The saying goes, you get what you get and you don’t get upset—but we strongly disagree with this when it comes to styling your home. You should feel good inside your residence, not disappointed. Sometimes though, you have to work with what you’ve got to get it to a place where you adore it. One room that often gets overlooked is the kitchen, which might sound like a difficult space to make over—but in reality, a quick cabinet refresh or a coat of paint on your appliances can be wildly transformative. It also doesn’t have to be as complicated (or as expensive) as you might think, as proven by the astonishing facelift Katherine Thewlis of Hausmatter gave this outdated mid-century modern kitchen for just $1,000.
“My goal was never to take the mid-century out of this space. From the flat panel cabinets to the laminate countertops, this kitchen is midcentury AF,” Katherine says. “But mid-century modern isn’t the only style I enjoy. I didn’t want to feel forced in one direction style-wise. I never design any other spaces that way, why here? My intent was to inject this mid-century modern kitchen with some other flavors. It didn’t need to make sense; it just needed to work.”
Katherine decided to blend Shaker and English traditional styles in with the mid-century modern accents, and because of their differences, she appreciated how well they complemented one another. She removed the hardware and replaced it with brass knobs from Spearhead Collection, which she noted would patina over time. When it came to paint color, she knew black and white would be fail-proof options to help tie everything together and stuck with Benjamin Moore’s Chantilly Lace for the white uppers and Benjamin Moore’s Onyx for the black base cabinets.
“I know some purists won’t understand painting over real wood cabinetry, but this was one of the original aspects that was limiting me the most style-wise,” she says. And there was another good reason for it, Katherine says: “Painting the base cabinets black also helps disguise another element in the room that’s out of my control: the appliances.”
The appliances in question? The oven and dishwasher, which were both unsightly features in Katherine’s eyes, “I wanna let you in on a little secret. I’ve thought about murdering this oven so my landlord would be forced to replace it. Is that bad?” she says jokingly. Unfortunately, since the place is a rental, there wasn’t too much she could do about it. “My solution was to anchor it with this shelving system so that it felt like it belonged to the rest of the kitchen,” Katherine says.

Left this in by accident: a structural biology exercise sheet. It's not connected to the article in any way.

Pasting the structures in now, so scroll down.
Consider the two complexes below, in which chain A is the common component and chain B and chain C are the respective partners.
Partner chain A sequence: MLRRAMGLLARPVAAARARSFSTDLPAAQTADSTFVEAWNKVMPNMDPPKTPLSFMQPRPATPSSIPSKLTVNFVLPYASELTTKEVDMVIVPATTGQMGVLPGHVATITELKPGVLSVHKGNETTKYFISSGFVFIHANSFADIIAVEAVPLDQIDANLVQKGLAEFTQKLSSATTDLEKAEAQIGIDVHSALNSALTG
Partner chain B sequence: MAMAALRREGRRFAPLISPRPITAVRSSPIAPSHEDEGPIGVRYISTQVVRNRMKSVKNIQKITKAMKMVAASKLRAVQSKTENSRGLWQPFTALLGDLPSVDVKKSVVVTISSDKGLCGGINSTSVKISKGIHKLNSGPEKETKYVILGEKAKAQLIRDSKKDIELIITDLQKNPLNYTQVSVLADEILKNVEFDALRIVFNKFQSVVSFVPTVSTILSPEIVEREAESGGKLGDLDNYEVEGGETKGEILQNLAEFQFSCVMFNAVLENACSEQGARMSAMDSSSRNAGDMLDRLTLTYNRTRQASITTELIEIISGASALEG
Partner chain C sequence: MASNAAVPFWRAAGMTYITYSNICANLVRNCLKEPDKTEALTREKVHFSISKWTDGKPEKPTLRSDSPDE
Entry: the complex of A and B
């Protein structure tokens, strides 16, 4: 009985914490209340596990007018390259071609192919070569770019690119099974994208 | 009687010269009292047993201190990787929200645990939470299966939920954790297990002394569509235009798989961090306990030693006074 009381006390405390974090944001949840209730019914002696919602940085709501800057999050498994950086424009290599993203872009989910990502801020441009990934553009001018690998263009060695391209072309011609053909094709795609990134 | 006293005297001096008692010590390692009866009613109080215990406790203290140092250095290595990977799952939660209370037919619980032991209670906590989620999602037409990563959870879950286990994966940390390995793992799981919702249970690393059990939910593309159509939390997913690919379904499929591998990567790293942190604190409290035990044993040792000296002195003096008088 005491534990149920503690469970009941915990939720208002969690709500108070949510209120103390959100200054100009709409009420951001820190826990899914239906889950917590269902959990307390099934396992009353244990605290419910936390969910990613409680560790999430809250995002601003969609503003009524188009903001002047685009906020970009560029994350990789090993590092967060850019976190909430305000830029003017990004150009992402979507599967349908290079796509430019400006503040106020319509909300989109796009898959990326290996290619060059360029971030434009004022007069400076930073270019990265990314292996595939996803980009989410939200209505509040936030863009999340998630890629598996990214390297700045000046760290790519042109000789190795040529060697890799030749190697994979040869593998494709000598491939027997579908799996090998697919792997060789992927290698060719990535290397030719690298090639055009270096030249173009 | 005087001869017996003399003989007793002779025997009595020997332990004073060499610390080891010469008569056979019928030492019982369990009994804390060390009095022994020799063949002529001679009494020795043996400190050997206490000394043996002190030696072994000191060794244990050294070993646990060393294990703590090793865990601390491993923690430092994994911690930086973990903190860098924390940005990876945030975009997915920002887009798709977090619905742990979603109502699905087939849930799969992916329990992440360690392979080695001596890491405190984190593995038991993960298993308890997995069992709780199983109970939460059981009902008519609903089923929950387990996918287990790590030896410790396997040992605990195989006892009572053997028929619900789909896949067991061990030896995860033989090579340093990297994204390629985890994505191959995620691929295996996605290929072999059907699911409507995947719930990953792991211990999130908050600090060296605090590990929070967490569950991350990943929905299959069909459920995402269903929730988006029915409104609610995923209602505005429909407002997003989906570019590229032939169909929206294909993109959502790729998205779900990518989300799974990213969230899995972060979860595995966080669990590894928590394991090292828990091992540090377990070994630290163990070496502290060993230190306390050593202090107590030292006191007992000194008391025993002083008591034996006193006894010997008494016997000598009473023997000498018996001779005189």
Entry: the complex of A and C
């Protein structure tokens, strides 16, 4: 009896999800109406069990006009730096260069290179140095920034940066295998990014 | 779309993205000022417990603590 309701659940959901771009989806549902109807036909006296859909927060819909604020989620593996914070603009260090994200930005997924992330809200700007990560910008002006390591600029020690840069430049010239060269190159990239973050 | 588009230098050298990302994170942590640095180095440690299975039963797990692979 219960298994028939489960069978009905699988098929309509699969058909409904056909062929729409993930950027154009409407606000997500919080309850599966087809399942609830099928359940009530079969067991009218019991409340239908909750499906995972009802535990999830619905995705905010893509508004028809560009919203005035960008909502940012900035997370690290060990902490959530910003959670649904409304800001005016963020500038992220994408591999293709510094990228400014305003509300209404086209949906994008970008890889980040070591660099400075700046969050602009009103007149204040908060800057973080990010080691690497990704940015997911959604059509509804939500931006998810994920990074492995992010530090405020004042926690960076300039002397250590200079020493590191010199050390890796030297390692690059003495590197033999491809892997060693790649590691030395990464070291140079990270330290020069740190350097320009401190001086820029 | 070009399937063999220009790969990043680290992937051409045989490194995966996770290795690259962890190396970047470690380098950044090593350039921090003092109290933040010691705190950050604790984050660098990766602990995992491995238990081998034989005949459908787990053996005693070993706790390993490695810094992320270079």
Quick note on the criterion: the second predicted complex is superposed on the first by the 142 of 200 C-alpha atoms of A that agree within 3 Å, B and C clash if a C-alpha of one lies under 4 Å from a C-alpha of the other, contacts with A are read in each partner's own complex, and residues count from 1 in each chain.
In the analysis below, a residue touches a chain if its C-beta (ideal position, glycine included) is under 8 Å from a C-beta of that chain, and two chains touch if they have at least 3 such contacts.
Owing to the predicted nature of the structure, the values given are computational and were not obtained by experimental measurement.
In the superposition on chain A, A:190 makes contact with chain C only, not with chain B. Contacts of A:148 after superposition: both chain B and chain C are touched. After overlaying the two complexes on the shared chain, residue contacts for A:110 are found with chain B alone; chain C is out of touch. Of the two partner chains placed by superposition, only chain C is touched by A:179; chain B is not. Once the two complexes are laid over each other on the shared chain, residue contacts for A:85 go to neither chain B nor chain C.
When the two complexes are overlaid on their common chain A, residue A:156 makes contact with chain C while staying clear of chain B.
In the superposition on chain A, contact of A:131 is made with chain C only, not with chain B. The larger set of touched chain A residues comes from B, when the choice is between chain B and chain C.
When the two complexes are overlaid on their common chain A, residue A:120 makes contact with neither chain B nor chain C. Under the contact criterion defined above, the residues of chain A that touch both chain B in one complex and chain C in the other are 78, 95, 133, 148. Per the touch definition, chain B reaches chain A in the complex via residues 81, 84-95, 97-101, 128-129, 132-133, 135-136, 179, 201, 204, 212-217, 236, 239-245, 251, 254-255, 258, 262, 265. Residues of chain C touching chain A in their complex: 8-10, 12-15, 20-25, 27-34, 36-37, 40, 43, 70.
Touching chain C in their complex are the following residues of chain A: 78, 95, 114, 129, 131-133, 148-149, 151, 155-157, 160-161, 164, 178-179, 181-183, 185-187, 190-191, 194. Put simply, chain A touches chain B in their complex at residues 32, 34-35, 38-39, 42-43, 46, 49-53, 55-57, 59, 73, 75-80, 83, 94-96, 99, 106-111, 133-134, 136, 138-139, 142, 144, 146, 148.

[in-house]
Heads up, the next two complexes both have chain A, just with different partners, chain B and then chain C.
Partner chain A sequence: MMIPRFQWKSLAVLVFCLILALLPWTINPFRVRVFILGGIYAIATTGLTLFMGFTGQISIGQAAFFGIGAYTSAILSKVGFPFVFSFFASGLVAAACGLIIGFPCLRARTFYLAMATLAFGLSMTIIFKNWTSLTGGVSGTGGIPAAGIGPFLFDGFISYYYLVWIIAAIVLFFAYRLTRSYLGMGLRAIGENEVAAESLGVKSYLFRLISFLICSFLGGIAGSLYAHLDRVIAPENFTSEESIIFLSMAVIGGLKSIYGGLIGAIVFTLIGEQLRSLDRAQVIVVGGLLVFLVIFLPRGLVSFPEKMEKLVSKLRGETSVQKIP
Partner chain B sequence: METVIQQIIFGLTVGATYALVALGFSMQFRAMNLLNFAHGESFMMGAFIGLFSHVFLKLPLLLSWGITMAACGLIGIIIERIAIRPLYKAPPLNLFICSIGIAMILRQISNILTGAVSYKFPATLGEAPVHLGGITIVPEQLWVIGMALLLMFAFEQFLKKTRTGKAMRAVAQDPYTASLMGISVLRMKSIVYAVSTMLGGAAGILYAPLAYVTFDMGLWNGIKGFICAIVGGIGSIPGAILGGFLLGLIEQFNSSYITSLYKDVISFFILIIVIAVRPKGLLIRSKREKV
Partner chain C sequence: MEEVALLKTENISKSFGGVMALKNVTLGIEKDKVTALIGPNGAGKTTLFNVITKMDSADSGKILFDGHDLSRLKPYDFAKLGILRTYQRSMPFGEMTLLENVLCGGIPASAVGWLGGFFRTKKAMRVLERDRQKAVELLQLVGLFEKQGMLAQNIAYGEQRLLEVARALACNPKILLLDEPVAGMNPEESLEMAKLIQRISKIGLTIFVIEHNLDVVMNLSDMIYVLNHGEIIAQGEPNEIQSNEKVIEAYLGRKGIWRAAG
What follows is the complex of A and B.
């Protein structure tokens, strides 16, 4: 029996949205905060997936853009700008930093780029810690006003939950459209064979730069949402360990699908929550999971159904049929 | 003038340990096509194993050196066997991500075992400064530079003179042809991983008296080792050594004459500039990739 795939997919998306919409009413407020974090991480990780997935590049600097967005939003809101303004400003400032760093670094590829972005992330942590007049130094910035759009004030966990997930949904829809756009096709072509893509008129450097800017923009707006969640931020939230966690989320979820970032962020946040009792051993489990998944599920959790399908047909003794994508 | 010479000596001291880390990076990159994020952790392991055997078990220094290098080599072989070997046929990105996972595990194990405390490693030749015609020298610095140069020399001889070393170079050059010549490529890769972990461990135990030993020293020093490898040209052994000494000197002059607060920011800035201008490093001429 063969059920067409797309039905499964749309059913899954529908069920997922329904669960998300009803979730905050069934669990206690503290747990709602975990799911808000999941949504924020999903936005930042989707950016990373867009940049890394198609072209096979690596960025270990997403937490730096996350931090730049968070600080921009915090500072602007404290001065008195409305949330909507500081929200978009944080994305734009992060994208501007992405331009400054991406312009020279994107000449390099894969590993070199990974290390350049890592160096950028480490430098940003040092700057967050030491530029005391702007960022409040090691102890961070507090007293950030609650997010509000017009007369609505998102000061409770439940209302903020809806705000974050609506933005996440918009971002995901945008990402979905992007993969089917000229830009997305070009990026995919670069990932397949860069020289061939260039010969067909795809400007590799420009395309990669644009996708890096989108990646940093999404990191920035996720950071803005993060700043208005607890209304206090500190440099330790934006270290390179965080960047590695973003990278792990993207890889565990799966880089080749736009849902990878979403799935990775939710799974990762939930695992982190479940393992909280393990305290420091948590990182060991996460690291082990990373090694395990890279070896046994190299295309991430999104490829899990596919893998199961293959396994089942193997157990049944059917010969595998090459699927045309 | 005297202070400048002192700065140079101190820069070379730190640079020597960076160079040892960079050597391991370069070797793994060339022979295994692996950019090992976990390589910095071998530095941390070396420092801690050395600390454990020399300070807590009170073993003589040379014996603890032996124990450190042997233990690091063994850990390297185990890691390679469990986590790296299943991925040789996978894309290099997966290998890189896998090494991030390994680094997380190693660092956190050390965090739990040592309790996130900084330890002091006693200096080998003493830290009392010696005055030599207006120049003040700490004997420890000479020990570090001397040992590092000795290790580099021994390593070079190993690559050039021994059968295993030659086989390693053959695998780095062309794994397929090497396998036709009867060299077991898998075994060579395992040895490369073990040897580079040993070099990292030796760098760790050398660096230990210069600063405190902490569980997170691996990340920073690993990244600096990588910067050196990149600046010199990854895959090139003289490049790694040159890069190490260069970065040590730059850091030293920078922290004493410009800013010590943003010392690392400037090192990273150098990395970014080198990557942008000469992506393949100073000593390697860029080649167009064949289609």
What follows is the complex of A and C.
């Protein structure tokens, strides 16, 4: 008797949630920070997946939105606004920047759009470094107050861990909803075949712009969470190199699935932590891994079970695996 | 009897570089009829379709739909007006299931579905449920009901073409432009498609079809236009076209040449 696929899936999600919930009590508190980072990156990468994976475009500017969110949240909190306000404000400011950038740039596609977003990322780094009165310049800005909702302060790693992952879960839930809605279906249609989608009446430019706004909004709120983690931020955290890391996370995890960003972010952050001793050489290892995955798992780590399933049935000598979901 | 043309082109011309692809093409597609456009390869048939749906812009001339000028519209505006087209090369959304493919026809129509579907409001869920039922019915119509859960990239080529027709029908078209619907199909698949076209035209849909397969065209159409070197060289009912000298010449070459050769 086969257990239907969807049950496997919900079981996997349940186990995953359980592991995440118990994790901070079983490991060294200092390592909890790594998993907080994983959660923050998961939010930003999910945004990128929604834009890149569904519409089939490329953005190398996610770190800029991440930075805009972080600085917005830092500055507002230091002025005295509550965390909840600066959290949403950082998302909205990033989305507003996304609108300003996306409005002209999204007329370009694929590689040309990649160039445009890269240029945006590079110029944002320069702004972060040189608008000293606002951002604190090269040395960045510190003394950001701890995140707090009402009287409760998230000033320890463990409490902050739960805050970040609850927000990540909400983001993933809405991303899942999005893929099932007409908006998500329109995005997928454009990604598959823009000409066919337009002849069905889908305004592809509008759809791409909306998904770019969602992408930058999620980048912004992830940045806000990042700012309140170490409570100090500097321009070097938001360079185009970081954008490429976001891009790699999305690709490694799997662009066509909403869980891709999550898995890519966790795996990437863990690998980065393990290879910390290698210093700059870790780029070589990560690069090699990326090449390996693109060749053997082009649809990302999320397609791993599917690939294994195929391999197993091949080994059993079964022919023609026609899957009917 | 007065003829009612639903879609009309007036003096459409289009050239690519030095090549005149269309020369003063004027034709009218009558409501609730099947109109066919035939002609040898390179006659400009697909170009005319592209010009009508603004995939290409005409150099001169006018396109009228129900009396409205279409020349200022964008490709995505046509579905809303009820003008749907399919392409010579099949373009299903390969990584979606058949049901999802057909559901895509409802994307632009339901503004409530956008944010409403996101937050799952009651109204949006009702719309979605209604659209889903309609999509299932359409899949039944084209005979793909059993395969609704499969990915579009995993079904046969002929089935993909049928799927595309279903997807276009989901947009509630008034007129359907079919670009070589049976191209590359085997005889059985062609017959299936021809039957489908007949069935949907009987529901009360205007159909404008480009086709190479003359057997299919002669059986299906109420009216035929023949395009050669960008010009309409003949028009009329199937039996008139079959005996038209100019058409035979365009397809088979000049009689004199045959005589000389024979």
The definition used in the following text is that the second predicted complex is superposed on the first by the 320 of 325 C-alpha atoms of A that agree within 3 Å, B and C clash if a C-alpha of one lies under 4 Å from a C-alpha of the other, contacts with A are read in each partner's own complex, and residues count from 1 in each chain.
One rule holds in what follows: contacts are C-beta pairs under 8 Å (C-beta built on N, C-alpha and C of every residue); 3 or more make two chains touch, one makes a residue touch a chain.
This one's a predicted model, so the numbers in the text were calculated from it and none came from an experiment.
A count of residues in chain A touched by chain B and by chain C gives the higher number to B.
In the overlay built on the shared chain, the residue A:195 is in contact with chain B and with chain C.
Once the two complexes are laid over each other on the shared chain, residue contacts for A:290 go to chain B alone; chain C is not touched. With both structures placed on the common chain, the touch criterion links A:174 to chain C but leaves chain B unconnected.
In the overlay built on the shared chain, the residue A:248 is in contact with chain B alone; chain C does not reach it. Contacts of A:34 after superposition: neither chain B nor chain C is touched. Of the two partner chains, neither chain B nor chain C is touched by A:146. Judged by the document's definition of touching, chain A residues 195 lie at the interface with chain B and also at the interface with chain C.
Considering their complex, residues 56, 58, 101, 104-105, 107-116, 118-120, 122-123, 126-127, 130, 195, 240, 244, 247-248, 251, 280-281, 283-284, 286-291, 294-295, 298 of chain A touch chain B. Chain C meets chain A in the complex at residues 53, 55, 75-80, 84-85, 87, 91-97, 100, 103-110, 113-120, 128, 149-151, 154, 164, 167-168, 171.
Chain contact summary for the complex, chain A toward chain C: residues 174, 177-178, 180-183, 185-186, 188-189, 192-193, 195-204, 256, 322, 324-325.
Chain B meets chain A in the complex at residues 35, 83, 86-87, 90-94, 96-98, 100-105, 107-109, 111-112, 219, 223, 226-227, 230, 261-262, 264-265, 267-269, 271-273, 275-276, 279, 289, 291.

Aside from shelves, which came from IKEA, Katherine also painted the entire oven black to modernize it and make it match with the dishwasher. Then, to really round out the space, she painted the handles of the refrigerator and freezer black so it too could feel intentional. To really make it stand out, she also removed the doors of cabinets above the freezer and painted the inside black so she could display a chic collection of cookbooks.
Another two impressive features are the peninsula and backsplash. Kathrine covered the first in 3D tile from Art3d and painted over it with a rosy hue (Behr’s Retro Pink). The result was a fun and fresh focal point that instantly draws your eye in because of how well it contrasts with the black and white. The backsplash she had “installed” is actually a faux peel-and-stick from Tic Tac Tiles.
“I also applied it above the uppers to elongate the feeling of this 8-foot wall,” Katherine says. “It sort of takes on a French bistro feel which I love.” For finishing details, she added an Art Deco lamp from Modern Lantern to the peninsula and a light fixture from Illuminate Vintage to the ceiling. She also painted a coat rack from Poly and Bark and laid a cranberry-colored rug from Etsy in front of the sink, rounding out the room.
If you’re stuck in a 1970s wood-laden cooking space when you love modern farmhouse or are on a super tight budget, Katherine’s reno taught her that achieving some level of a dream kitchen is completely possible, “During this process, I have become absolutely convinced you can have a kitchen that suits you, no matter the existing style, budget, or circumstances,” she says. “Here is my trick to bridging to opposing styles: There has to be a predominate element in the room that is neutral and timeless, style-wise. In this room, that is the subway tile on the wall. Is it overused in kitchens across the world? Yes, but there is a good reason why: it goes with nearly everything and does not have an overt style classification. Think of it as the chameleon of tiles.”